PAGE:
4,514,154

9.1%

2

21%

133

6.8%

1

20%

763,196

5%

762,763

1.5%

17

41%

253

0.6%

44

20%

127,750

11%

773,081

1.6%

15

85

19%

125,632

14%

24,592,383

49.4%

Albuquerque-Santa Fe El Paso (Las Cruces)

79%

492

0.3%

32%

196

25.2%

12 critical Hispanic markets

Represent close to 50% of all US Hispanics

Lower relative Hispanic growth, but higher growth than the overall US population

Growth Markets 2010 Hispanic Population

2010 vs. 2000 US Pop.

% Hisp.

Pop.

% Total

Pop.

% Pop.

Rank

% Hisp.

Index

%

Rank

Change

Change

Change

Atlanta

724,941

1.5%

18

11%

67

2.2%

7

123%

399,934

30%

Orlando-Dayt. B.-Melb.

678,034

1.4%

20

19%

115

1.2%

20

97%

334,084

25%

Las Vegas

591,180

1.2%

22

30%

185

0.6%

39

94%

286,457

41%

Tampa-St. Petersburg

658,434

1.3%

21

15%

94

1.4%

15

85%

302,651

18%

DMA

Washington, DC

DMA Comp.

766,879

1.5%

16

12%

76

2.0%

9

74%

327,379

15%

Phoenix

1,544,166

3.1%

8

30%

186

1.7%

11

72%

645,209

32%

Dallas-Ft. Worth

2,012,283

4.0%

6

28%

172

2.3%

5

71%

837,516

26%

584,479

1.2%

23

30%

189

0.6%

42

70%

239,761

40%

Houston

2,164,786

4.3%

3

35%

215

2.0%

10

53%

749,968

25%

Sacramento-Stock.-Mod.

Austin

1,048,602

2.1%

11

26%

161

1.3%

18

53%

362,565

18%

Denver

881,440

1.8%

14

21%

133

1.3%

17

51%

298,911

19%

Philadelphia

706,991

1.4%

19

9%

55

2.6%

4

51%

238,611

5%

12,362,215

24.8%

21%

129

19.3%

Larger Hispanic markets (All DMAs in the top 25)

Markets all grew at a greater percentage than the overall Hispanic population

Jointly account for almost one quarter of all US Hispanics


The New State of America... The Yellow Paper Series

16

Future Growth Markets 2010 Hispanic Population DMA

Pop.

2010 vs. 2000

DMA Comp.

% Pop. Rank

US Pop.

% Hisp.

Pop.

% Total

% Hisp.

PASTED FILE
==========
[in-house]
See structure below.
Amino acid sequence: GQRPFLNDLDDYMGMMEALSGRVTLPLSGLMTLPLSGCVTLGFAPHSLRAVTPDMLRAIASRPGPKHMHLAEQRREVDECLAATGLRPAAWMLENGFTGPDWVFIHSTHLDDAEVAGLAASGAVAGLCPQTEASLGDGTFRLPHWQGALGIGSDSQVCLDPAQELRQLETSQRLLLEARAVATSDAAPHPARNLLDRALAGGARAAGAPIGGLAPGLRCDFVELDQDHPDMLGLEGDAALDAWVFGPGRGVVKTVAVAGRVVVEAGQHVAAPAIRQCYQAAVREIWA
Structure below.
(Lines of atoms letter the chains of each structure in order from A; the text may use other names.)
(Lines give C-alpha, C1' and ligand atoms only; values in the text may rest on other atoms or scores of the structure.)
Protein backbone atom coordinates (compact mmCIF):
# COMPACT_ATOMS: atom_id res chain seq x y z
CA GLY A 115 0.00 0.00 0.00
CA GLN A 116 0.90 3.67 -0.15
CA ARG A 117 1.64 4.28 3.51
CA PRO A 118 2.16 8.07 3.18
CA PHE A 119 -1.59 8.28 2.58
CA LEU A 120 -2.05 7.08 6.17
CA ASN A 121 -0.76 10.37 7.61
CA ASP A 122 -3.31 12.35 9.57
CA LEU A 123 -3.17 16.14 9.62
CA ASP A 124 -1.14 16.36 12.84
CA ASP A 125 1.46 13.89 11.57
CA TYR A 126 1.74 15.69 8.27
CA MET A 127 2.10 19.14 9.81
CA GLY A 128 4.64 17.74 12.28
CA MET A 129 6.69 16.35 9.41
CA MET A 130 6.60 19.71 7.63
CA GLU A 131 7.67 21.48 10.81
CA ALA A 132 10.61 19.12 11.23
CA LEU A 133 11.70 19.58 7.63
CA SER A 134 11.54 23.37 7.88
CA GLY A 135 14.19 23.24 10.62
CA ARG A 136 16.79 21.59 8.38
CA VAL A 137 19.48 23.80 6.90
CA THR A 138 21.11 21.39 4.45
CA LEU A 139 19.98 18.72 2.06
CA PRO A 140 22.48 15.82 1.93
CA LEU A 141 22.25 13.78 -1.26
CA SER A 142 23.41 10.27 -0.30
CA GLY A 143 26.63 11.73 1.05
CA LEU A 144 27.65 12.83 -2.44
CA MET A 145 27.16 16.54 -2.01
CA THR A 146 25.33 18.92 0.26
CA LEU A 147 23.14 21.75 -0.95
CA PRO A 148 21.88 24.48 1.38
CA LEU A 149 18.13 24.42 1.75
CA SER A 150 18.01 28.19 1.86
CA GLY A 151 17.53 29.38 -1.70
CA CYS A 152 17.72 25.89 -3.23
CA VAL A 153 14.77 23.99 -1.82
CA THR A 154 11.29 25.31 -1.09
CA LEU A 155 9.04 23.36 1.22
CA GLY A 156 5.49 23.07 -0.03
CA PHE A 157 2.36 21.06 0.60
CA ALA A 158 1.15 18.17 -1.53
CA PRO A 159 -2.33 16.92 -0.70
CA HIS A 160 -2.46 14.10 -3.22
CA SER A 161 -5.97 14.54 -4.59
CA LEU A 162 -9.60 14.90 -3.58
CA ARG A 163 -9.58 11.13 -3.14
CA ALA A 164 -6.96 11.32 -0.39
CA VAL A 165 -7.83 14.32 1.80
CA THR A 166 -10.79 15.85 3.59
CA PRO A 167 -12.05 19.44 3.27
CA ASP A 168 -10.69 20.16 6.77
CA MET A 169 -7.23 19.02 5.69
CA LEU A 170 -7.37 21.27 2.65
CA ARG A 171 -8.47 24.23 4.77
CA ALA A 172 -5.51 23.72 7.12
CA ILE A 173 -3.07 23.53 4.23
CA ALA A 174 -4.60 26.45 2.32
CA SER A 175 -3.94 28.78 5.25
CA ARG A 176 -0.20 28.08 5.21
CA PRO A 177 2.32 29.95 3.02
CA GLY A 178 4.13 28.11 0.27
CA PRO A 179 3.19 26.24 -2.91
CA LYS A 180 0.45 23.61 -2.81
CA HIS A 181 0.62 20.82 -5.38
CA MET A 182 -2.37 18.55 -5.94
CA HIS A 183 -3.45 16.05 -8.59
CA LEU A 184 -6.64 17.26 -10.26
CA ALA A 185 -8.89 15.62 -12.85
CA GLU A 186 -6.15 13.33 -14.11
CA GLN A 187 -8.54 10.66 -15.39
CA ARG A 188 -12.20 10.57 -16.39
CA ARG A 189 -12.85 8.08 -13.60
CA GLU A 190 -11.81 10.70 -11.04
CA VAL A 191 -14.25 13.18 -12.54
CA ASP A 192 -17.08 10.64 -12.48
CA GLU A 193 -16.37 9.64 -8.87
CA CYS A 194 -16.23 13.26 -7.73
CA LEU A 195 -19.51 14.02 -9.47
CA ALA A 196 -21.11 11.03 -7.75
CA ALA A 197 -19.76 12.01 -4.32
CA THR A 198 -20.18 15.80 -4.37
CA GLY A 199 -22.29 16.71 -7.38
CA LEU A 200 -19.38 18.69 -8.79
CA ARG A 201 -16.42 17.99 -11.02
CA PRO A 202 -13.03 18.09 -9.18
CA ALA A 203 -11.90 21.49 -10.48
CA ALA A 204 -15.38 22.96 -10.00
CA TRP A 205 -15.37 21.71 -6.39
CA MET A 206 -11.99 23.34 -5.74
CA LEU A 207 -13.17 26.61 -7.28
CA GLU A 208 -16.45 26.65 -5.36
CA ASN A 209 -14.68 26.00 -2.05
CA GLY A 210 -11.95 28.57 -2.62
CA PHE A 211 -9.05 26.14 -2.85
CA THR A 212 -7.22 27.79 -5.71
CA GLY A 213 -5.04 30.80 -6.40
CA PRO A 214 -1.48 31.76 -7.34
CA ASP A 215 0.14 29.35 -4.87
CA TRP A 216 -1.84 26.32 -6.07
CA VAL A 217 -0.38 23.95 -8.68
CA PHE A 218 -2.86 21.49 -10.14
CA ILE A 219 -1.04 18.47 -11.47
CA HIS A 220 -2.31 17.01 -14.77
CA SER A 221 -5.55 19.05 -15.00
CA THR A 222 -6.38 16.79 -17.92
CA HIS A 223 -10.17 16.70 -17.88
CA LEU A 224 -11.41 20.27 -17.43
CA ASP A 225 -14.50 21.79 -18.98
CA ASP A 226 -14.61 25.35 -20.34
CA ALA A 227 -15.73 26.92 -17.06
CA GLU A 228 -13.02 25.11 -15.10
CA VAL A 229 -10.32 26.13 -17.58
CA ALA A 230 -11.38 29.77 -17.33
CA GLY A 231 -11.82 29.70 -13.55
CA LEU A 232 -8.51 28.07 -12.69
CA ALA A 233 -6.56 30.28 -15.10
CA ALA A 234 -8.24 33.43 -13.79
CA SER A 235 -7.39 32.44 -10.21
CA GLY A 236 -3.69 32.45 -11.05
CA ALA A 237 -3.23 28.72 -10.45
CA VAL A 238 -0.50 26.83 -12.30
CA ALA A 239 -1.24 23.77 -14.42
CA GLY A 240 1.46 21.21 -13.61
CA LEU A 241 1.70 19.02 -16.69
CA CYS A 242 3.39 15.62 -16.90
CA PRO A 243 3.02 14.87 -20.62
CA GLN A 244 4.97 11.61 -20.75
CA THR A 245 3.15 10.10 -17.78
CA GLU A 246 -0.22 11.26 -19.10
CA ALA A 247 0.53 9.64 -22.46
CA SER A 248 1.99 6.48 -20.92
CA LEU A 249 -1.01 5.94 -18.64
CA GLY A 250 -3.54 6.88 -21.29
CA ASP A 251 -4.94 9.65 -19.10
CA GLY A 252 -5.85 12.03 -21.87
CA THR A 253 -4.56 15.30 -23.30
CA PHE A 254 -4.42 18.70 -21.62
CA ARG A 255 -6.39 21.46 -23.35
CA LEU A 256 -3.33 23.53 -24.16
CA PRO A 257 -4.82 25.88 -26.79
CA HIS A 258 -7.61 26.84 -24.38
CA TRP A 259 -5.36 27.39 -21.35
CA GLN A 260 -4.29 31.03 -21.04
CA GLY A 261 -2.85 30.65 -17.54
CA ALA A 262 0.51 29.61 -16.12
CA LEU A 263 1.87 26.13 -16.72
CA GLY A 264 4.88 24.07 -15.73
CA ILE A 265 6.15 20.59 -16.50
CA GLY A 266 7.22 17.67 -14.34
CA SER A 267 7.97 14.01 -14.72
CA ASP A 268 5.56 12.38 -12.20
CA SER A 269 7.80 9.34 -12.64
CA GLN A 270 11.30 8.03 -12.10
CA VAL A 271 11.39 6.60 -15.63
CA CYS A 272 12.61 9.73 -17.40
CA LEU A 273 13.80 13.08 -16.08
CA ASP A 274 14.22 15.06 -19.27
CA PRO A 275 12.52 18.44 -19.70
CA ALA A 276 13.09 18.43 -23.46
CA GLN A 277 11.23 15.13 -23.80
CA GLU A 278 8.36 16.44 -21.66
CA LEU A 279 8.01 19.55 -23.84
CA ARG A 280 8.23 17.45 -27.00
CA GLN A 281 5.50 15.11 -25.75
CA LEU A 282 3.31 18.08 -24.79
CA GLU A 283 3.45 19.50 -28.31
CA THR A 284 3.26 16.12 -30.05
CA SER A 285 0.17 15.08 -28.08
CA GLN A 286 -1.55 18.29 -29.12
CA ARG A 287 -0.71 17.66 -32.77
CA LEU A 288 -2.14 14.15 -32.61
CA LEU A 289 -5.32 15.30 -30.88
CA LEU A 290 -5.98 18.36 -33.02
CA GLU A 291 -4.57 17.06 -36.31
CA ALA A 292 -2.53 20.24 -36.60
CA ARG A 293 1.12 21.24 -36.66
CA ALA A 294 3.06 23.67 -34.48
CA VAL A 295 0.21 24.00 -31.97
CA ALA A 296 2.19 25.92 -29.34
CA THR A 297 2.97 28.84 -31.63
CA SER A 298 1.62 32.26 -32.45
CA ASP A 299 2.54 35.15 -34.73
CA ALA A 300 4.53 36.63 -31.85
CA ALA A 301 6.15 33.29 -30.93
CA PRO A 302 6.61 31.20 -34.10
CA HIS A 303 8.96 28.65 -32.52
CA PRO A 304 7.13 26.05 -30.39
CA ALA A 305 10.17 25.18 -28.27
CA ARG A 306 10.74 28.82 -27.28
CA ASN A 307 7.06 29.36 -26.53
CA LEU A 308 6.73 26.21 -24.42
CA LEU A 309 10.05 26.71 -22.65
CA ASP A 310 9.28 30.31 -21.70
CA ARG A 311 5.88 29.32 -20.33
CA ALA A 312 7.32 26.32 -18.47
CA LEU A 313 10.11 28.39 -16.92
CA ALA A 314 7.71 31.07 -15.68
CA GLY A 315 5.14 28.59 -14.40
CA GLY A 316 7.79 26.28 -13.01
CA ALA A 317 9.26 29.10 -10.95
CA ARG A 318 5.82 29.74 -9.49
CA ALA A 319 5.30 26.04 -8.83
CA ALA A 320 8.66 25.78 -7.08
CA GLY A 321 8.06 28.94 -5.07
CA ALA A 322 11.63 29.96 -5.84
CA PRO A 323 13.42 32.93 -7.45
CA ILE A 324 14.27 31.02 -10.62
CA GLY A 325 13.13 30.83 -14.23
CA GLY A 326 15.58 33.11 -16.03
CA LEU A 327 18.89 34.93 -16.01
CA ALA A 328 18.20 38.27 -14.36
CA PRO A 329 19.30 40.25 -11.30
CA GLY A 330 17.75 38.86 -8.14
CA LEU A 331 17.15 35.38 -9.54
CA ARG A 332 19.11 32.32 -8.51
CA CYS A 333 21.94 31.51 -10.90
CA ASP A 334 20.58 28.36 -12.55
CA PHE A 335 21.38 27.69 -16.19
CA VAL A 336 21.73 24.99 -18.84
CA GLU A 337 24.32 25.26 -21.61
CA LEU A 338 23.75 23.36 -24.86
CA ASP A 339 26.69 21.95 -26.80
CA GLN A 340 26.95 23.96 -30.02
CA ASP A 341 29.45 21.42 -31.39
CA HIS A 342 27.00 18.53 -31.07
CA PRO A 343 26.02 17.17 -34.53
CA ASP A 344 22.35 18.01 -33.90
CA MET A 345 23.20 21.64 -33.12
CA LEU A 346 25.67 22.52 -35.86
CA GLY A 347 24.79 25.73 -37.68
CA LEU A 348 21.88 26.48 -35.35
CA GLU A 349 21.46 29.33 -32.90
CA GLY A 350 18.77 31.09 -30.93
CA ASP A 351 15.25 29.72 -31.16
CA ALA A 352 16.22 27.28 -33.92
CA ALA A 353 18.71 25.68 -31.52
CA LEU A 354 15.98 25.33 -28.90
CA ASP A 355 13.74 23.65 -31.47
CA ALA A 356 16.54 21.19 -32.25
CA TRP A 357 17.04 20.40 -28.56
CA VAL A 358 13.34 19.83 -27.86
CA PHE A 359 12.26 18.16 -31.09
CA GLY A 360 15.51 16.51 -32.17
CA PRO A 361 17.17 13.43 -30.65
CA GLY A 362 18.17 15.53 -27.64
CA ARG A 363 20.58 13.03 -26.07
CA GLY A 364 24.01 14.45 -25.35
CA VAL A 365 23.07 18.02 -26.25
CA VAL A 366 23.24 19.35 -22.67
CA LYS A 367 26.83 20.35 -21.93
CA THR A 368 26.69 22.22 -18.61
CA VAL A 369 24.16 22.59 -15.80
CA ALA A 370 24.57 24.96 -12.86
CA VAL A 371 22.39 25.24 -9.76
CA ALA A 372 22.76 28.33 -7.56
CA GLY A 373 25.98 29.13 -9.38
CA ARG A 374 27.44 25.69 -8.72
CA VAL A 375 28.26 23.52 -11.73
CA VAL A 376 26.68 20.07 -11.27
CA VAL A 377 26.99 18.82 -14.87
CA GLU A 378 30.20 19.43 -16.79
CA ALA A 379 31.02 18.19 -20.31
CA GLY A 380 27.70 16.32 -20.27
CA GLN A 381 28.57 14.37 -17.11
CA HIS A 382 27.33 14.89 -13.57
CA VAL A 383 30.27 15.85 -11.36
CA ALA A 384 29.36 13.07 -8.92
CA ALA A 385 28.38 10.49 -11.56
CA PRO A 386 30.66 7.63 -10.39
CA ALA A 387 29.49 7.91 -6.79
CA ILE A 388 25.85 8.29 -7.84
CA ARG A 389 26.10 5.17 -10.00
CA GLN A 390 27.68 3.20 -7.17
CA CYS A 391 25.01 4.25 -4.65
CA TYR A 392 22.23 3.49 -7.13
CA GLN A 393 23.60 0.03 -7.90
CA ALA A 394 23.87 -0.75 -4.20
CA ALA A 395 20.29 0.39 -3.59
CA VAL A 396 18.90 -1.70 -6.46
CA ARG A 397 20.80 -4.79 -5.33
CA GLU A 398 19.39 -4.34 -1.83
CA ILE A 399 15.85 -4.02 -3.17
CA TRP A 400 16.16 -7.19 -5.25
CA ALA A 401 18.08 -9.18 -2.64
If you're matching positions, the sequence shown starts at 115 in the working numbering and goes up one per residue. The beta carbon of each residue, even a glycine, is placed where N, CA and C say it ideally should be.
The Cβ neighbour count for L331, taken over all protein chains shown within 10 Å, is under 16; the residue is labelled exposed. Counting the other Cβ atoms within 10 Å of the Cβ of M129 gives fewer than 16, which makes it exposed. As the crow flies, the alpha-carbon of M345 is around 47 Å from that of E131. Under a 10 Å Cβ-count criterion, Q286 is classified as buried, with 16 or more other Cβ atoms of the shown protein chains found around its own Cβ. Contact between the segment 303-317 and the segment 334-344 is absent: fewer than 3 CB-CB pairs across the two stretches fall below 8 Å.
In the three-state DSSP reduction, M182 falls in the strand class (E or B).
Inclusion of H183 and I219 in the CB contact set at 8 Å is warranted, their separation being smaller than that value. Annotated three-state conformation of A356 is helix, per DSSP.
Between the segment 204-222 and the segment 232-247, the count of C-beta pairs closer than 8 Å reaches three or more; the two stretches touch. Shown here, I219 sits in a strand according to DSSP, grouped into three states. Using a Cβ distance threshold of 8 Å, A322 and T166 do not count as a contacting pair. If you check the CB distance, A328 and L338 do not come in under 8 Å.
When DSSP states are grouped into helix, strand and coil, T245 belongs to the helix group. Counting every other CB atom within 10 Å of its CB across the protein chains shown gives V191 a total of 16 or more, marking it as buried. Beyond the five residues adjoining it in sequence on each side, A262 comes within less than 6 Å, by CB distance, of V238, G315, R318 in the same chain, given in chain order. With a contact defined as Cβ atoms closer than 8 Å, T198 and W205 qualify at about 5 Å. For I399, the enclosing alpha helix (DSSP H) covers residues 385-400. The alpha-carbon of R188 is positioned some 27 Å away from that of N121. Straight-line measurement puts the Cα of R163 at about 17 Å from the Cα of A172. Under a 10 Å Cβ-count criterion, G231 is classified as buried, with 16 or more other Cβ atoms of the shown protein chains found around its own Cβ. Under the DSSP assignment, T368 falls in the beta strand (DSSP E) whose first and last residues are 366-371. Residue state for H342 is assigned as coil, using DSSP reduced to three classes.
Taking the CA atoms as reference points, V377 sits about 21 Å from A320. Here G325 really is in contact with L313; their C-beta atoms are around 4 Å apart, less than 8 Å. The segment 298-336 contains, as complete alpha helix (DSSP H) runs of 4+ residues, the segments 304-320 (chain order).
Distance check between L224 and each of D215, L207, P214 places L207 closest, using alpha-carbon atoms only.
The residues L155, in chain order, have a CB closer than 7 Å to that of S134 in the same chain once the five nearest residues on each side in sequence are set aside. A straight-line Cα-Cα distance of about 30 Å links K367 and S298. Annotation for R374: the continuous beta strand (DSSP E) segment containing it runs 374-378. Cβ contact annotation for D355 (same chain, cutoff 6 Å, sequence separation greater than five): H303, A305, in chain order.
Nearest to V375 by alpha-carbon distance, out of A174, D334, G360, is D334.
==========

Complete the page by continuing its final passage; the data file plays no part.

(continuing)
Index

%

Rank

Change

Change

Change

Charlotte

245,731

0.5%

38

8%

51

1.0%

24

144%

144,871

25%

Ft. Myers-Naples

257,554

0.5%

35

22%

138

0.4%

70

115%

137,798

27%

Raleigh-Durham

266,466

0.5%

34

9%

56

0.9%

26

97%

131,280

23%

West Palm Beach

332,893

0.7%

31

18%

111

0.6%

45

85%

152,804

17%

Salt Lake City

374,480

0.8%

29

12%

77

1.0%

25

73%

158,375

26%

Portland, OR

384,430

0.8%

28

12%

75

1.0%

22

69%

156,462

16%

Seattle-Tacoma

388,970

0.8%

27

8%

50

1.6%

13

65%

153,488

14%

Bakersfield

391,153

0.8%

26

52%

323

0.2%

103

61%

147,986

27%

2,641,677

5.3%

13%

79

6.7%

Mid-ranked Hispanic markets with above average growth

Markets jointly gained over 1 million Hispanics in the last 10 years

Basic Support Markets 2010 Hispanic Population DMA

2010 vs. 2000 DMA Comp.

US Pop.

% Hisp.

Pop.

% Total

Pop.

% Pop.

Rank

% Hisp.

Index

%

Rank

Change

Change

Change

Oklahoma City

161,092

0.3%

50

9%

56

0.6%

47

72%

67,381

11%

Kansas City

172,946

0.3%

48

7%

44

0.8%

33

71%

71,578

10%

Minneapolis-St. Paul

205,391

0.4%

41

5%

28

1.5%

14

68%

83,283

10%

Palm Springs

234,936

0.5%

39

52%

323

0.1%

137

59%

87,432

42%

Milwaukee

204,797

0.4%

42

9%

55

0.7%

36

53%

71,149

5%

Waco-Temple-Bryan

197,415

0.4%

43

20%

126

0.3%

86

43%

59,764

17%

1,176,577

2.4%

9%

59

4.0%

Smaller Hispanic markets with above average growth

While the markets are currently small, they are growing


The New State of America... The Yellow Paper Series

17

Markets to Monitor 2010 Hispanic Population DMA

2010 vs. 2000 DMA Comp.

US Pop.

% Hisp.

Pop.

% Total

Pop.

% Pop.

Rank

% Hisp.

Index

%

Rank

Change

Change

Change

Yuma-El Centro

253,158

0.5%

36

68%

420

0.1%

153

38%

69,244

24%

Yakima-Pasco-Rich.-Ken.

196,634

0.4%

44

30%

184

0.2%

118

38%

53,722

16%

Tucson (Sierra Vista)

432,294

0.9%

25

36%

222

0.4%

66

37%

117,199

21%

Detroit

188,054

0.4%

46

4%

24

1.6%

12

34%

47,978

-1%

Hartford & New Haven

288,245

0.6%

33

11%

68

0.8%

31

34%

73,508

4%

Odessa-Midland

194,227

0.4%

45

48%

296

0.1%

147

29%

43,170

9%

Laredo

247,475

0.5%

37

95%

589

0.1%

172

28%

54,832

27%

Amarillo

164,231

0.3%

49

31%

195

0.2%

131

28%

35,623

2%

Colorado Springs-Pueb.

174,068

0.3%

47

19%

119

0.3%

91

26%

36,097

15%

Santa Barbara-SM-SLO

220,567

0.4%

40

32%

200

0.2%

114

25%

43,716

6%

Monterey-Salinas

330,146

0.7%

32

45%

282

0.2%

107

17%

47,606

2%

Corpus Christi

339,178

0.7%

30

60%

373

0.2%

127

8%

26,460

2%

3,028,277

6.1%

22%

136

4.5%

â&#x20AC;˘

Smaller markets with lower Hispanic growth

â&#x20AC;˘

Although small, markets still grew greater in Hispanic population than total population


The New State of America... The Yellow Paper Series

18

Top 50 Hispanic Markets Ranked by Hispanic Population

Top 50 Hispanic Markets Ranked by Hispanic Population 2010 Hispanic Population

DMA

2000 DMA Comp.

Pop.

% Pop.

Rank % Hisp. Index

Total US

49,804,061

100.0%

--

16%

Los Angeles

7,968,199

16.0%

1

New York

4,514,154

9.1%

Houston

2,164,786

Chicago

US Pop.

Hispanic Population

Pop.

DMA

%

Rank

% Pop. Rank % Hisp.

100

100.0%

--

35,238,481 100.0%